Be Still, My Love is the first book in the Tess Schafer-Medium series by Deborah J. Hughes. Its sequel Hidden Voices is now available as well. My third book No Matter What is a paranormal thriller and is due out for ebook only on October 24,2012. A brief book description before we get to the interview: A personal loss throws medium Tess Schafer’s beliefs into question and severs her communications with “the other side”. Unable to move on with her life, she takes a healing vacation to a haunted resort on the coast of Maine. Her arrival triggers a spike in paranormal activity and the return of her spiritual connection.
As the spirits of two young lovers reach out to her, Tess soon finds herself in the middle of much more than a tragic love story. Why are they afraid and why are they warning her away? Personal doubts, skeptics, a growing sense of menace and a distracting attraction to another guest will not stop her from uncovering the resort’s secrets.
Interview with Deborah J. Hughes
1. What was unique about the setting of the book and how did it enhance or take away from the story?
The setting is a small resort on the rocky coast of Maine. I liked the idea of a haunted mansion by the sea as it sort of reminded me of the old gothic books my mom likes to read. But I wanted it more updated than those old gothics so I had the mansion converted to a resort hotel, added a few ghosts and Be Still, My Love was born!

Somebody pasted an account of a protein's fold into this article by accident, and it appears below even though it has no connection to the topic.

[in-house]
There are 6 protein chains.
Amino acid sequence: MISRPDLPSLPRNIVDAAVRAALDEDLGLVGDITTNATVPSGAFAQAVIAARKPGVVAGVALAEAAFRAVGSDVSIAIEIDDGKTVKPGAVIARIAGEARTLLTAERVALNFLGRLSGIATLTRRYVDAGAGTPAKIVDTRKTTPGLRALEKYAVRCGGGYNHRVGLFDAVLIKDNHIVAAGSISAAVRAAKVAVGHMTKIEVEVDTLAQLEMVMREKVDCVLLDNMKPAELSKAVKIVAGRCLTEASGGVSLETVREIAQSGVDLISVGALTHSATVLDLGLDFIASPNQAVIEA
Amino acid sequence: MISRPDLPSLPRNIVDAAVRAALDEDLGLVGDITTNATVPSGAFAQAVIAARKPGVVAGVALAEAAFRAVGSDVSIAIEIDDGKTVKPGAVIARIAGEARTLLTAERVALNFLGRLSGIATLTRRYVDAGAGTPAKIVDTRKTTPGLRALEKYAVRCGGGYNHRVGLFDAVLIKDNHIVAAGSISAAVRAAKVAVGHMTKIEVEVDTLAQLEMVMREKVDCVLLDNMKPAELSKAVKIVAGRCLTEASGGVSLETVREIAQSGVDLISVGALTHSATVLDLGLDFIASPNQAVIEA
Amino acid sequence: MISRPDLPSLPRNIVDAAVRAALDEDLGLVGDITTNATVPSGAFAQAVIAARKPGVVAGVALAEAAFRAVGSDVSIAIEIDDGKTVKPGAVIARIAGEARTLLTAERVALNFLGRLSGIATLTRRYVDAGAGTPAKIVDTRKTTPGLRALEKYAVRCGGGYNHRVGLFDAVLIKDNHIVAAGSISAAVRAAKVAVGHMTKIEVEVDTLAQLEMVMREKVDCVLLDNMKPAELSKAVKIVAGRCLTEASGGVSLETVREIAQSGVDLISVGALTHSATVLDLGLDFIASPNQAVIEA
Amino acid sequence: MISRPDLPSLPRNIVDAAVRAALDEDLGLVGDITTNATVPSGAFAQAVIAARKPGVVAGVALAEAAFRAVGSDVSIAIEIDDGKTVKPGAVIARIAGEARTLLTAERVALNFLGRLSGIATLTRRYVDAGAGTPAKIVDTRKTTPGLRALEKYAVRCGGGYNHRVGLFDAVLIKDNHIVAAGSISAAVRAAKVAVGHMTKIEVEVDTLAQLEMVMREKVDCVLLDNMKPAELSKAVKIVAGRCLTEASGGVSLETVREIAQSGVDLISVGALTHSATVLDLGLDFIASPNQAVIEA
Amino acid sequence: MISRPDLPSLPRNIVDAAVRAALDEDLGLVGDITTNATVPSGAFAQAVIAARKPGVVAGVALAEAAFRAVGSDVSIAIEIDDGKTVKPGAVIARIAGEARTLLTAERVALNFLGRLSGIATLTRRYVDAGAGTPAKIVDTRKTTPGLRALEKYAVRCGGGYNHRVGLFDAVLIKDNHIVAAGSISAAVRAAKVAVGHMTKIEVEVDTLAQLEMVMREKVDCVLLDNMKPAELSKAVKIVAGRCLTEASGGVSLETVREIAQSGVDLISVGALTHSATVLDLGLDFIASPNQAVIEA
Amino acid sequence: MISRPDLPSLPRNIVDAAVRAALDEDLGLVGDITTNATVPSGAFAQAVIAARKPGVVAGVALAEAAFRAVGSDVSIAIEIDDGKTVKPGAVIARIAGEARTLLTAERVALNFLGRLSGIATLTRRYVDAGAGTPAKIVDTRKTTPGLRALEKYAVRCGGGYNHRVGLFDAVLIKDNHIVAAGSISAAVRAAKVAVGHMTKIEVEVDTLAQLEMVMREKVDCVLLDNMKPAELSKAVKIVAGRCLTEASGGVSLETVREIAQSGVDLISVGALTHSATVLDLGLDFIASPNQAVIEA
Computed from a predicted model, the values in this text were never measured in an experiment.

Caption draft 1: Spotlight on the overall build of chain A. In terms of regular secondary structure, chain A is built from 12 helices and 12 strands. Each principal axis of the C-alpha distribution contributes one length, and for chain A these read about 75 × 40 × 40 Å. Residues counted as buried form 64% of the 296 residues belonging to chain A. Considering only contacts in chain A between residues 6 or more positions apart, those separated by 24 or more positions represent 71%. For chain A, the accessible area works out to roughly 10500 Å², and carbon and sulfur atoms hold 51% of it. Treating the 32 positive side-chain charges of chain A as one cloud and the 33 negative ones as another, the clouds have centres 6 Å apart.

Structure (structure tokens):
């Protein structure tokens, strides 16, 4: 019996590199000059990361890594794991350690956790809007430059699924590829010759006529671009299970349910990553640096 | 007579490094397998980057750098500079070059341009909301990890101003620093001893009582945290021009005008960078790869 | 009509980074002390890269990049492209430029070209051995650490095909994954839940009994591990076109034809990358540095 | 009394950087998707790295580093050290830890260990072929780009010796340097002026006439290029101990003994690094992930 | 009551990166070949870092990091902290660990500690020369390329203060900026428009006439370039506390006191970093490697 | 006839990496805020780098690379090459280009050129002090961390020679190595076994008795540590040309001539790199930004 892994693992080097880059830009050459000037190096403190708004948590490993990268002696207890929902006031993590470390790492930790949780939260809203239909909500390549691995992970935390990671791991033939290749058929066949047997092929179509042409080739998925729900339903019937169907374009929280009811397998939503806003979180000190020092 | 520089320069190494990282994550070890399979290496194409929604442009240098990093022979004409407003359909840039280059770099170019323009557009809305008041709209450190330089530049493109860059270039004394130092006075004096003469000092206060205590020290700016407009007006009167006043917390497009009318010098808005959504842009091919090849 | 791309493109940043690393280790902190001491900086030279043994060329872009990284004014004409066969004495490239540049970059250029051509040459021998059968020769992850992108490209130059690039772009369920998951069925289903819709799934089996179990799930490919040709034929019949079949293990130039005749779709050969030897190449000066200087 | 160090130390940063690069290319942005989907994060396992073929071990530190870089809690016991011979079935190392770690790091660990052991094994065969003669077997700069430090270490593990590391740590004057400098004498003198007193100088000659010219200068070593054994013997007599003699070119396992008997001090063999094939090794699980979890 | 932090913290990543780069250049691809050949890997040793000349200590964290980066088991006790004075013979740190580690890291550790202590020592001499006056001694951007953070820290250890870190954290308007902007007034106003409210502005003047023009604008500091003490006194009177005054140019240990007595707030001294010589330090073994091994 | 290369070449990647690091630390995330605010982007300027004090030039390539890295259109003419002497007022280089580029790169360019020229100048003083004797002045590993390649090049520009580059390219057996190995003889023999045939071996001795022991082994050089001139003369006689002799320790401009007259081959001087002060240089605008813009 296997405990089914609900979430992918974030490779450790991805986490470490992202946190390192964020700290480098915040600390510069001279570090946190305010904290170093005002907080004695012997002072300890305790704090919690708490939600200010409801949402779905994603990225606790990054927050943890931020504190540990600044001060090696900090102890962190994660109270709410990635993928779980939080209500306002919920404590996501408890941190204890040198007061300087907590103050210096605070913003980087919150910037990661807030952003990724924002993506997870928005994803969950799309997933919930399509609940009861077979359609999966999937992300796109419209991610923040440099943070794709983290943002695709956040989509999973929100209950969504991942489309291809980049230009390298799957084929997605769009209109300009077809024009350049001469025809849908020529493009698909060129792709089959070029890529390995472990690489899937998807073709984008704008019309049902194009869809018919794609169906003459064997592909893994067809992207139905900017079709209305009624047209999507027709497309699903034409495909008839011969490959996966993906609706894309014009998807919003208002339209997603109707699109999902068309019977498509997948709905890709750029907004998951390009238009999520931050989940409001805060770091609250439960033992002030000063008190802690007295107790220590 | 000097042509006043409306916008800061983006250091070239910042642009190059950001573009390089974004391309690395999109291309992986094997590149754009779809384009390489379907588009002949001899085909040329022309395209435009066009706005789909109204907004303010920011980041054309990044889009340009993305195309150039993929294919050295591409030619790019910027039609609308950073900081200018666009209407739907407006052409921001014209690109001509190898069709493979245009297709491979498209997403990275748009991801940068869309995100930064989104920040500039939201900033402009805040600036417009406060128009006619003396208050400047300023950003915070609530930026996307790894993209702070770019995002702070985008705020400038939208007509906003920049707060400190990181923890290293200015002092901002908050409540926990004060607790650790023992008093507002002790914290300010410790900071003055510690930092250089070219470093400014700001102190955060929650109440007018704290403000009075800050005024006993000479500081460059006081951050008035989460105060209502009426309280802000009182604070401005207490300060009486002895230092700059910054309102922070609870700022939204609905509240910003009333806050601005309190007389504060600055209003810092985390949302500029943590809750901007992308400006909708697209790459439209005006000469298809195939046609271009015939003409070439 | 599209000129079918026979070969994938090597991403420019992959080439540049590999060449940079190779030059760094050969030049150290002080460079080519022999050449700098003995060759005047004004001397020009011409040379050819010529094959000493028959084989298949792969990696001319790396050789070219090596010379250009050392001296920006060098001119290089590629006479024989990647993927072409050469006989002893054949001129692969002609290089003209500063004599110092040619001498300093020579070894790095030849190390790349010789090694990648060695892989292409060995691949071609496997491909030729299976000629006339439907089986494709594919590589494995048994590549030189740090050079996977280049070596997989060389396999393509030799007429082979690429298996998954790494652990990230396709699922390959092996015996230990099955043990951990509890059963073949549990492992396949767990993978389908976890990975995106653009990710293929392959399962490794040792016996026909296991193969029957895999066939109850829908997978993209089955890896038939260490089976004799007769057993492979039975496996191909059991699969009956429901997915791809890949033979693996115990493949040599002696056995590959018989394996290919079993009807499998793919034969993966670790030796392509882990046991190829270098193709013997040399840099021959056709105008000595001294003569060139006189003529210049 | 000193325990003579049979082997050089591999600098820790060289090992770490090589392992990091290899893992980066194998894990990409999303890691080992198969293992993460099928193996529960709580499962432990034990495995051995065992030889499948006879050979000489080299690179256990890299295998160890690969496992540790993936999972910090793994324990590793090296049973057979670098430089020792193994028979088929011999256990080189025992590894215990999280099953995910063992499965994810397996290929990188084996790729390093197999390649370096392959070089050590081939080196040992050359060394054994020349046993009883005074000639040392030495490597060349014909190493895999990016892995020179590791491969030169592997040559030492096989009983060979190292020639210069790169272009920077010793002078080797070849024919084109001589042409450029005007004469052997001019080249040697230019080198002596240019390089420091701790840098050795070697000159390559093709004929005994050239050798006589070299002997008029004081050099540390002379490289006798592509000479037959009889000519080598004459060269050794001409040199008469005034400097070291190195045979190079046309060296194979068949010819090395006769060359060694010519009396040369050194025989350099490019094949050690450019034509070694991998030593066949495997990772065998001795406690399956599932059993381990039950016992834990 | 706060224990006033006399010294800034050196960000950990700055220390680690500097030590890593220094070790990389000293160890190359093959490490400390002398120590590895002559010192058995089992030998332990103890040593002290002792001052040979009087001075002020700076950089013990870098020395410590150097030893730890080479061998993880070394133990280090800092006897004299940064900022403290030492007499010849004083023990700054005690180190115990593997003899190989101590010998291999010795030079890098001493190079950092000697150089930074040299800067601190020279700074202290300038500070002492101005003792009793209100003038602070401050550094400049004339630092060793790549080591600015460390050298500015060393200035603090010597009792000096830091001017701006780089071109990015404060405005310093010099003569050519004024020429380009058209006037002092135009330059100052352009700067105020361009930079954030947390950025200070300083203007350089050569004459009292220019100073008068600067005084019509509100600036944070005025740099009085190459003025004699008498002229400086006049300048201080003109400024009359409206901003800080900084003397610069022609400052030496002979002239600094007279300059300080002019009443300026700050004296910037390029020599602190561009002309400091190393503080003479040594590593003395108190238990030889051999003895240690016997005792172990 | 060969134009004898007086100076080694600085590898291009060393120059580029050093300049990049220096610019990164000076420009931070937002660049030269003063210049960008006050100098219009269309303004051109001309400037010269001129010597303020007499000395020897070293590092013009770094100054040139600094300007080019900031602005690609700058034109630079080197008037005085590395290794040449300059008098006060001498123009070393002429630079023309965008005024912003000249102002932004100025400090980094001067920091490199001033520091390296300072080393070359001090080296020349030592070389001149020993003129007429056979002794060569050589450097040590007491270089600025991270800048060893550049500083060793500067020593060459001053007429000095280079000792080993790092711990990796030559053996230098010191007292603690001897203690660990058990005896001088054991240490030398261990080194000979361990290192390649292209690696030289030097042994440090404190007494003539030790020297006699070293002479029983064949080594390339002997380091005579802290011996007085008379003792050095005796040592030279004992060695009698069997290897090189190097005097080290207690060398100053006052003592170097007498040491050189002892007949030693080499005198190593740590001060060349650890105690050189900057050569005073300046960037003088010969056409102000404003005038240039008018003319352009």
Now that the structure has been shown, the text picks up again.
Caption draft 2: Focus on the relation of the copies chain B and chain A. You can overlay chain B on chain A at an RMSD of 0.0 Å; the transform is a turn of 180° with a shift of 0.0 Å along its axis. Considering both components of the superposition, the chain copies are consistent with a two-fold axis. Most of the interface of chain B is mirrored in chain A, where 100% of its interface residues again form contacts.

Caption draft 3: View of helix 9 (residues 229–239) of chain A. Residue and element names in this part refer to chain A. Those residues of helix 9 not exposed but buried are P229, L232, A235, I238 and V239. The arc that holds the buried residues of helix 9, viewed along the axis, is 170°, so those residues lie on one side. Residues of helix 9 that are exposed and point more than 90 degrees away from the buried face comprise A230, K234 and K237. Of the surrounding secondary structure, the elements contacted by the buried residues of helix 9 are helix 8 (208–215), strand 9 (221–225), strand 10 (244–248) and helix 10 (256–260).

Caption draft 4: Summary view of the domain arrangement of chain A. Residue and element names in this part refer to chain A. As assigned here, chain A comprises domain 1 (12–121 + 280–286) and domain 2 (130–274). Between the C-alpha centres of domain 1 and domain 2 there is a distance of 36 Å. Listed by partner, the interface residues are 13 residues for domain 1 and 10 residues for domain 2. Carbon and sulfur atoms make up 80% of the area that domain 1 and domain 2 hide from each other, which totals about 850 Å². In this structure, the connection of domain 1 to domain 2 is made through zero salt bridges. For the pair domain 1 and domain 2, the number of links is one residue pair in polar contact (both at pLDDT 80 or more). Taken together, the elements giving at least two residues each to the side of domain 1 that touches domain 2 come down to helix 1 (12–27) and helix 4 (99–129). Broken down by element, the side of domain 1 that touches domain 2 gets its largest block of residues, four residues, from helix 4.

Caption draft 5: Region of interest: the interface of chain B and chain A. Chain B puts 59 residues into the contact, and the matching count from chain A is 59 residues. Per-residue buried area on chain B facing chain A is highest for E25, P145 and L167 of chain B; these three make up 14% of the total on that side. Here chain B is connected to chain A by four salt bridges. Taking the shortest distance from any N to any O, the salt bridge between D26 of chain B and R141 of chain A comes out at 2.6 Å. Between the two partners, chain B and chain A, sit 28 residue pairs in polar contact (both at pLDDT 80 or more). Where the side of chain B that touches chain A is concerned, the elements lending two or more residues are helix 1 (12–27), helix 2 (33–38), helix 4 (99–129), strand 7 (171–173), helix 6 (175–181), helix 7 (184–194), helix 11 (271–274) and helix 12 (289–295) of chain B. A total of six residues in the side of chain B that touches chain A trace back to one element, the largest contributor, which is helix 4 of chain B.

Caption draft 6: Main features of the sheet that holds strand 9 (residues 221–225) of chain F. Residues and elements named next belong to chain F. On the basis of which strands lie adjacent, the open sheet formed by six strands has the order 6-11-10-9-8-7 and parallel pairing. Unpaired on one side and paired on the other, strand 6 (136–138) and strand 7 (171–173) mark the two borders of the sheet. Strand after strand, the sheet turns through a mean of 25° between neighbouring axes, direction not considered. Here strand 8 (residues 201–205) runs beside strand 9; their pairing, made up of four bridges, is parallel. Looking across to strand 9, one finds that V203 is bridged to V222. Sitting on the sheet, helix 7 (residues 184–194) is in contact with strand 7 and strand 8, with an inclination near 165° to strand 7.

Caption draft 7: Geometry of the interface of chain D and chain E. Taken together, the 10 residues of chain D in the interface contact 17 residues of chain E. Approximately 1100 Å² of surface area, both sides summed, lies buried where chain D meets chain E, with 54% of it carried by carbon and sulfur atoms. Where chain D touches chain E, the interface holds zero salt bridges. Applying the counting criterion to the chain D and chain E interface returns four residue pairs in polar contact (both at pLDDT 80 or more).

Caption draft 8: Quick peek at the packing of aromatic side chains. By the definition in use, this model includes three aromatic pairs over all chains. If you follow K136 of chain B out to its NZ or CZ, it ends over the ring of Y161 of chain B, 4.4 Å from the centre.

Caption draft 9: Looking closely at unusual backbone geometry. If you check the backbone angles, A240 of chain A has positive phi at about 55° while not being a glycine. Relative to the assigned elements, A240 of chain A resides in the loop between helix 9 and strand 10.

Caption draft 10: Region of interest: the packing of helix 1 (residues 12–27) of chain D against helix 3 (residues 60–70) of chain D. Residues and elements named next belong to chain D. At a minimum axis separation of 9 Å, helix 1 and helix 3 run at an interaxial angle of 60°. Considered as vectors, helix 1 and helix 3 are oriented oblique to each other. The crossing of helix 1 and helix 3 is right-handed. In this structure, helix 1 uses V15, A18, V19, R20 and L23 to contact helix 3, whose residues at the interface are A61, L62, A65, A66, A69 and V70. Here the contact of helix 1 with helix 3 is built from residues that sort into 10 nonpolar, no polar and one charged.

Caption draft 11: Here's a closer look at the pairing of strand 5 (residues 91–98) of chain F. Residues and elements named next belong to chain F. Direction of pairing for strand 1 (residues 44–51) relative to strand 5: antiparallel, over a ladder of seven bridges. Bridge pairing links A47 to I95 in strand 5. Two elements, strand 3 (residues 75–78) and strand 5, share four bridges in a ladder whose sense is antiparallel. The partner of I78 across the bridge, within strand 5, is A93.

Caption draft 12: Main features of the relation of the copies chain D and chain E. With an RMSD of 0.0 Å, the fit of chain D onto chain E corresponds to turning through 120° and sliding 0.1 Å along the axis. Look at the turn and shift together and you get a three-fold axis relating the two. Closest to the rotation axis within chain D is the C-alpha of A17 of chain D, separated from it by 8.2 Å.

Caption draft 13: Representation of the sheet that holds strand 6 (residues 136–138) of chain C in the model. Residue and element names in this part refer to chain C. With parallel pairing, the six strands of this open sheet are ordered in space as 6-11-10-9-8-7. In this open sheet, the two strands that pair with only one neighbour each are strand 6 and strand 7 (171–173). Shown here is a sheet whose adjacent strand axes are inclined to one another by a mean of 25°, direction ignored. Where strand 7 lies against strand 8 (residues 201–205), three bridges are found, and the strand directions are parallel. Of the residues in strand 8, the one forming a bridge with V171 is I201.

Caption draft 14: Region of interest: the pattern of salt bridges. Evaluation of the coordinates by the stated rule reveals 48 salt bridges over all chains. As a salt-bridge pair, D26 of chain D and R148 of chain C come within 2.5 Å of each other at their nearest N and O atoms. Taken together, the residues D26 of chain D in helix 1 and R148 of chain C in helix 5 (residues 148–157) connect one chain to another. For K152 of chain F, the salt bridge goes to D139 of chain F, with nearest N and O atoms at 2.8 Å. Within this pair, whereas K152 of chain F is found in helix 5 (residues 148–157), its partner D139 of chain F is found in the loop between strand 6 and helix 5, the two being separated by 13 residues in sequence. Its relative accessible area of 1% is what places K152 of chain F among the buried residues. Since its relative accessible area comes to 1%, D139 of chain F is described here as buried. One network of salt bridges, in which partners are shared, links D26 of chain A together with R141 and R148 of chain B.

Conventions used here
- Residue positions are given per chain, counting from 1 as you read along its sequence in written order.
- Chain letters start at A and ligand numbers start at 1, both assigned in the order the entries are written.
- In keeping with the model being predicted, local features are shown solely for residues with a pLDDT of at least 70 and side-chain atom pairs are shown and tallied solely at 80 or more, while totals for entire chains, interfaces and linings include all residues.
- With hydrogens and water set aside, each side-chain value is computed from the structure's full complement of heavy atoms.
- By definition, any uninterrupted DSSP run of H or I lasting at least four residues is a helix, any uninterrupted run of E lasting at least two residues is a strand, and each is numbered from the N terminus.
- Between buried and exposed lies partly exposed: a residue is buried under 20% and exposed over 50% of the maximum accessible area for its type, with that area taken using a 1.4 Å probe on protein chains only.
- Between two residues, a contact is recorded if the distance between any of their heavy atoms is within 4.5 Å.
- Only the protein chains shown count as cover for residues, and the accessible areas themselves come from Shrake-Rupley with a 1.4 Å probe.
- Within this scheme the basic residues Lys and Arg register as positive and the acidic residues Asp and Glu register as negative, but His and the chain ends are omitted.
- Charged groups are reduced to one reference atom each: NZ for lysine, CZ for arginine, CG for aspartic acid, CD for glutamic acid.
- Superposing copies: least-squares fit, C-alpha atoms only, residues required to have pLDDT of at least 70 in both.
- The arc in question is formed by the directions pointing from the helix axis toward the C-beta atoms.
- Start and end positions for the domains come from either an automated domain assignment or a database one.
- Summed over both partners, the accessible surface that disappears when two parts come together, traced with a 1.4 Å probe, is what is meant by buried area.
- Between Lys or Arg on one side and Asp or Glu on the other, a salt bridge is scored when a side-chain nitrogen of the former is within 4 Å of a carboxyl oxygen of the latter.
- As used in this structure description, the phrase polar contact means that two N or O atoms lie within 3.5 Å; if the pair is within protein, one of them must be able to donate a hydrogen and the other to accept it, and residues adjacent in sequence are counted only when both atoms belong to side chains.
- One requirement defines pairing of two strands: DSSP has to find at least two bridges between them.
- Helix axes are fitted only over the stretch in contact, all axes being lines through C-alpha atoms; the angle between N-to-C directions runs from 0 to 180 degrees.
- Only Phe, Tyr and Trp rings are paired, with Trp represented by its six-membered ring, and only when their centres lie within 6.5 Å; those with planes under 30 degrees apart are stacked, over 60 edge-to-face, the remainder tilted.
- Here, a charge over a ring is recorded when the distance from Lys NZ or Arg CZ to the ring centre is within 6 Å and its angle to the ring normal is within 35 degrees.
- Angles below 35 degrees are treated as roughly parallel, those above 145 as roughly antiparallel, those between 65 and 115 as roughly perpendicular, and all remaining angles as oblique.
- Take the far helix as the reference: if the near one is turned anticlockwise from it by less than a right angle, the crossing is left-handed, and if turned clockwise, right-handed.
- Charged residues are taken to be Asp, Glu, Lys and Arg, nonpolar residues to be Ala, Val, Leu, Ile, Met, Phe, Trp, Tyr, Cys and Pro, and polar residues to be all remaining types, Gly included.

2. What specific themes did you emphasize throughout the novel? What do you think you were trying to get across to the reader?
I tried to stay to the paranormal theme of a haunted house but it does have some spiritual stuff sprinkled throughout. It’s not a “horror” per se. The story is about ghosts and a medium trying to help them but it’s also about a medium who is trying to find her joy again after suffering a tragedy. The theme could also be about faith, what one comes to believe or not, especially concerning life after death.
3. Do the characters seem real and believable? Can you relate to their predicaments? To what extent do they remind you of yourself or someone you know?
I used a conglomeration of people I’ve known through my life to bring the characters to life. Modesta, the front desk clerk at the resort was born to Mexican parents in the United States. They were migrant immigrants and not US Citizens. She, however, chose to keep her American citizenship. I had a roommate in the military whose name was Modesta. Same sort of scenario. Her parents lived in Mexico but she was an American citizen. I liked her name and so I sort of modeled my Modesta after her. Tess shares a lot of my own interests in the paranormal and we share many of her beliefs. Though I have to say she is way more gifted in the psychic department than I am! Kade, her growing love interest, is a Marine who was wounded at Afghanistan and had to separate from the military. He’s the skeptic in the story. I used many of my own experiences in the military and others I’ve known who also served to bring Kade to life. I think all the characters could be real people. I know I’ve come to care for them very much.
4. How do characters change or evolve throughout the course of the story? What events trigger such changes?